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Evidence for two components of object-based selection.

Authors
Type
Published Article
Journal
Psychological science
Publication Date
Volume
12
Issue
4
Pages
329–334
Identifiers
PMID: 11476101
Source
Medline

Abstract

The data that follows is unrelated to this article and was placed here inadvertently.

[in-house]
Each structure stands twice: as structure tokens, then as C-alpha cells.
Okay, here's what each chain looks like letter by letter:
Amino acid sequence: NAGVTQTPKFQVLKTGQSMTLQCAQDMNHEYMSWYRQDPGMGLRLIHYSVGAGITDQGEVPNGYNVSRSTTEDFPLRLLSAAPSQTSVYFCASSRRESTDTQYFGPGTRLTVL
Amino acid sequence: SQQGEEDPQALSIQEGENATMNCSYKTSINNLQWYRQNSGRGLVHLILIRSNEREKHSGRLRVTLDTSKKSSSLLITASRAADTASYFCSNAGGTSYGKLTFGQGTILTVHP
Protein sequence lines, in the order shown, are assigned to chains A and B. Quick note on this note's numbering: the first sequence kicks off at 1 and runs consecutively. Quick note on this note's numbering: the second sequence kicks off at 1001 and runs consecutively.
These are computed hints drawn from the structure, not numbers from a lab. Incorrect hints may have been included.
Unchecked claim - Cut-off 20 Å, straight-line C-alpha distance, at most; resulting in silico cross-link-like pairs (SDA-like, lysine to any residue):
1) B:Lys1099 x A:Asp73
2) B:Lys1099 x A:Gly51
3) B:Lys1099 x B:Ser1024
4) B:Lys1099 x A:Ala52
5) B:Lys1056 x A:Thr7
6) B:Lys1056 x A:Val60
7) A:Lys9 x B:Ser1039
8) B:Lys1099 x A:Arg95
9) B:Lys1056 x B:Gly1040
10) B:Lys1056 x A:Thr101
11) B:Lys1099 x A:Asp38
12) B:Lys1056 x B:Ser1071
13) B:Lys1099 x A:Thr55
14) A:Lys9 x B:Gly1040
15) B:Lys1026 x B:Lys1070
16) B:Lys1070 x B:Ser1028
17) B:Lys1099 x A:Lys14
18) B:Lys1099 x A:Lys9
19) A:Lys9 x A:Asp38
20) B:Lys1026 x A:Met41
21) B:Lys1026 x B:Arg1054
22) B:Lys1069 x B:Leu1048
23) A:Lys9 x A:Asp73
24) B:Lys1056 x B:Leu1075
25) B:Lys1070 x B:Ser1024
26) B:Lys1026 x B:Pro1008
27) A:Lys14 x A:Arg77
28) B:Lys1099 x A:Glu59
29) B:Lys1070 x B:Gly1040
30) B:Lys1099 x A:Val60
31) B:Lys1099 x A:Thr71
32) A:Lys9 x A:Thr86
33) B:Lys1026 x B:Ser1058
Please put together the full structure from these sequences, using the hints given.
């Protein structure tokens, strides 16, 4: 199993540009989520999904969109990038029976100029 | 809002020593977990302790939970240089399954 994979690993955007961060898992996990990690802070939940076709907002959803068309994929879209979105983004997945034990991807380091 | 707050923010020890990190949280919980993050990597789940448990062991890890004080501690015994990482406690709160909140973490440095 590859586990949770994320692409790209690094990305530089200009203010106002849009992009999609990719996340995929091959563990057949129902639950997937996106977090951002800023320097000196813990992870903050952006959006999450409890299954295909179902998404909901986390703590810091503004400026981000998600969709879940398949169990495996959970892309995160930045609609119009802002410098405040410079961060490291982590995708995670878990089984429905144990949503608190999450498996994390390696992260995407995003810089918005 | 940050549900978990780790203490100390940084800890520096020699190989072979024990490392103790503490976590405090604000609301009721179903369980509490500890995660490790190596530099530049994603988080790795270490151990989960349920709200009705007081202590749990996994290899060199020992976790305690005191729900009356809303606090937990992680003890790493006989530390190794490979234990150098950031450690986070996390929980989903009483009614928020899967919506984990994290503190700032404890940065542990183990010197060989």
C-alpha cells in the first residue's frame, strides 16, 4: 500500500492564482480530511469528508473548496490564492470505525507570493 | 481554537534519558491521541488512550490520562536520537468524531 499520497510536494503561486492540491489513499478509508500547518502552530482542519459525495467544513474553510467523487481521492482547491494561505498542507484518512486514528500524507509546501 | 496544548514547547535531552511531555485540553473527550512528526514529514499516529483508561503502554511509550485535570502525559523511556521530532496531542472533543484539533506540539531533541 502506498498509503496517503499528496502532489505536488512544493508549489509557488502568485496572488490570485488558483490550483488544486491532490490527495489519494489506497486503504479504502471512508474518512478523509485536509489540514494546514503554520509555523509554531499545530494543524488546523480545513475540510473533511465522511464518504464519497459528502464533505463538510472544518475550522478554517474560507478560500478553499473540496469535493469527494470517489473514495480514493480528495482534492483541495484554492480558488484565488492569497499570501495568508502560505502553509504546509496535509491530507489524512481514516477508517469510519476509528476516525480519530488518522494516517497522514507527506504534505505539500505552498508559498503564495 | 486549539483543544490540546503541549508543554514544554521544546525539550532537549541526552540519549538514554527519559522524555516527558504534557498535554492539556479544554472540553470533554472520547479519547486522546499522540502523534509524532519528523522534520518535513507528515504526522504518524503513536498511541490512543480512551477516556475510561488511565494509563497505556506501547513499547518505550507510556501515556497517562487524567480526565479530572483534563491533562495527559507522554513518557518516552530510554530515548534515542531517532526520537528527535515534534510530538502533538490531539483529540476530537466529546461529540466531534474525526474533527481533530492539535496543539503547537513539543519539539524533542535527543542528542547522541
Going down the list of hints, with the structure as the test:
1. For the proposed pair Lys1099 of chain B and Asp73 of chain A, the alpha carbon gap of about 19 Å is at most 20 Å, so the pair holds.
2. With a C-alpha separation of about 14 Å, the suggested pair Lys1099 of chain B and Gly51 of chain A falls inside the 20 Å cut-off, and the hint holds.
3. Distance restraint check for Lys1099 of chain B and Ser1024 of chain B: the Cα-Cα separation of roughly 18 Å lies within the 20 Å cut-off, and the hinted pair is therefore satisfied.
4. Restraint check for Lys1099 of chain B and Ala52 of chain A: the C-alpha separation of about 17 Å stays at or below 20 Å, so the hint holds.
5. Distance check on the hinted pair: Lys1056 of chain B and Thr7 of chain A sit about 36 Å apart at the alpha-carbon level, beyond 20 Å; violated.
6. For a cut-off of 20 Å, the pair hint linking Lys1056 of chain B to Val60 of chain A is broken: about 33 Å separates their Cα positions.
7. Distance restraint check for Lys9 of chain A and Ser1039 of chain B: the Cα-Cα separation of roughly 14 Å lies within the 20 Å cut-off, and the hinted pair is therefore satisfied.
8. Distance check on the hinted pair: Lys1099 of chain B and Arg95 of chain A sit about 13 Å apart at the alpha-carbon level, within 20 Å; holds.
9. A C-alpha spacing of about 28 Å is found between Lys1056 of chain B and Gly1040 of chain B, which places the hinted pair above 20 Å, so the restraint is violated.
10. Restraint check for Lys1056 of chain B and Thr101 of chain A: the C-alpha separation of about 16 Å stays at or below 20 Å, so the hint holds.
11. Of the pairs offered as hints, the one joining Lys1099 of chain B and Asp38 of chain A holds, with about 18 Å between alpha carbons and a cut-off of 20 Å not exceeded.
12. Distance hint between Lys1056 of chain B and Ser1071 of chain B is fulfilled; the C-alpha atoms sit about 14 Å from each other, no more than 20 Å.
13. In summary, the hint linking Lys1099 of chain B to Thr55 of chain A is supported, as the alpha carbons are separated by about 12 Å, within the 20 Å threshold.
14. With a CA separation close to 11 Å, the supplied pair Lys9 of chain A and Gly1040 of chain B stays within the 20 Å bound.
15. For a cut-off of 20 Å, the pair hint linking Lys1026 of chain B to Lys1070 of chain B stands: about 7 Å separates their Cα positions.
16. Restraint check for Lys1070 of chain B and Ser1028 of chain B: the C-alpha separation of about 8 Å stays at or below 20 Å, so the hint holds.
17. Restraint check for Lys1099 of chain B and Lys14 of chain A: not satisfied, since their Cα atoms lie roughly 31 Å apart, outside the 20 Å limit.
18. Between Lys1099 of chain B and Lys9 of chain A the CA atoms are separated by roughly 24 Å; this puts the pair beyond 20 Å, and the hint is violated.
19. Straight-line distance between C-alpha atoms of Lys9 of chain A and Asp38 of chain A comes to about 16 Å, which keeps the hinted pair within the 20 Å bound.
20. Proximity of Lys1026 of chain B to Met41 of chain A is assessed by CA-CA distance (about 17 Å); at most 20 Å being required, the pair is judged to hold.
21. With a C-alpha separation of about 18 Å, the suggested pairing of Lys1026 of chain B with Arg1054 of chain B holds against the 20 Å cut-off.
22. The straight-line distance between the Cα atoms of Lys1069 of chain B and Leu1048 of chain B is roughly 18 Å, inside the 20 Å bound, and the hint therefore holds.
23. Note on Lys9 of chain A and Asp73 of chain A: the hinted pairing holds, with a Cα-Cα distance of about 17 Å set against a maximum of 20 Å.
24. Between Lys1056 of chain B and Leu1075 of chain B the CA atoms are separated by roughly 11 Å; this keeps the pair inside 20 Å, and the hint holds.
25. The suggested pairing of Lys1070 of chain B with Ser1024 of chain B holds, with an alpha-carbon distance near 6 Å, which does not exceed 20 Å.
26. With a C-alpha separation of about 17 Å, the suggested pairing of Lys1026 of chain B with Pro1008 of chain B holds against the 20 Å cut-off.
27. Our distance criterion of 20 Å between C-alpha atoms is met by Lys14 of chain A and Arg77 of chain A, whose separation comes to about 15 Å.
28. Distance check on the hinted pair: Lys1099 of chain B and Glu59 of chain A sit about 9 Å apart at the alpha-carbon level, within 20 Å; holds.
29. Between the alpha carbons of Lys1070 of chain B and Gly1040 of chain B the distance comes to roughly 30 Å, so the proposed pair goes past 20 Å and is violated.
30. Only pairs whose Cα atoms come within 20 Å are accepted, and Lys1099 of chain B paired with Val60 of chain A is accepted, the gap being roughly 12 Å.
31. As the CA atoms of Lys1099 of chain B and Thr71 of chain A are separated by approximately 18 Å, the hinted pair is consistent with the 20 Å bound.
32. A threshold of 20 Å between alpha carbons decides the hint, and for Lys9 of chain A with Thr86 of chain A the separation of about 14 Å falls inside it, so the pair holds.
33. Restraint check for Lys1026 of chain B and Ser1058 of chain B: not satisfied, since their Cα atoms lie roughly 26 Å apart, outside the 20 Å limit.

A wealth of research has shown that observers can bias visual processing toward specific locations, but the role of object-based selection is less clear In support of object-based selection, previous research has shown that when two objects are presented simultaneously, observers are better at reporting two attributes from one of the objects than one attribute from each object. However there has been controversy over whether this effect is best explained by object-based selection or spatial selection. Our work suggests that there are two separate components of selection in this task: (Ca) a spatial component that is observed when the relevant targets are cued for observers before the onset of the stimulus display and (b) an object-based component that can still be observed when the first component has been eliminated. The latter effect replicates the initial evidence in favor of object-based selection, and can be demonstrated even when the relevant targets are cued after the offset of the target stimuli.

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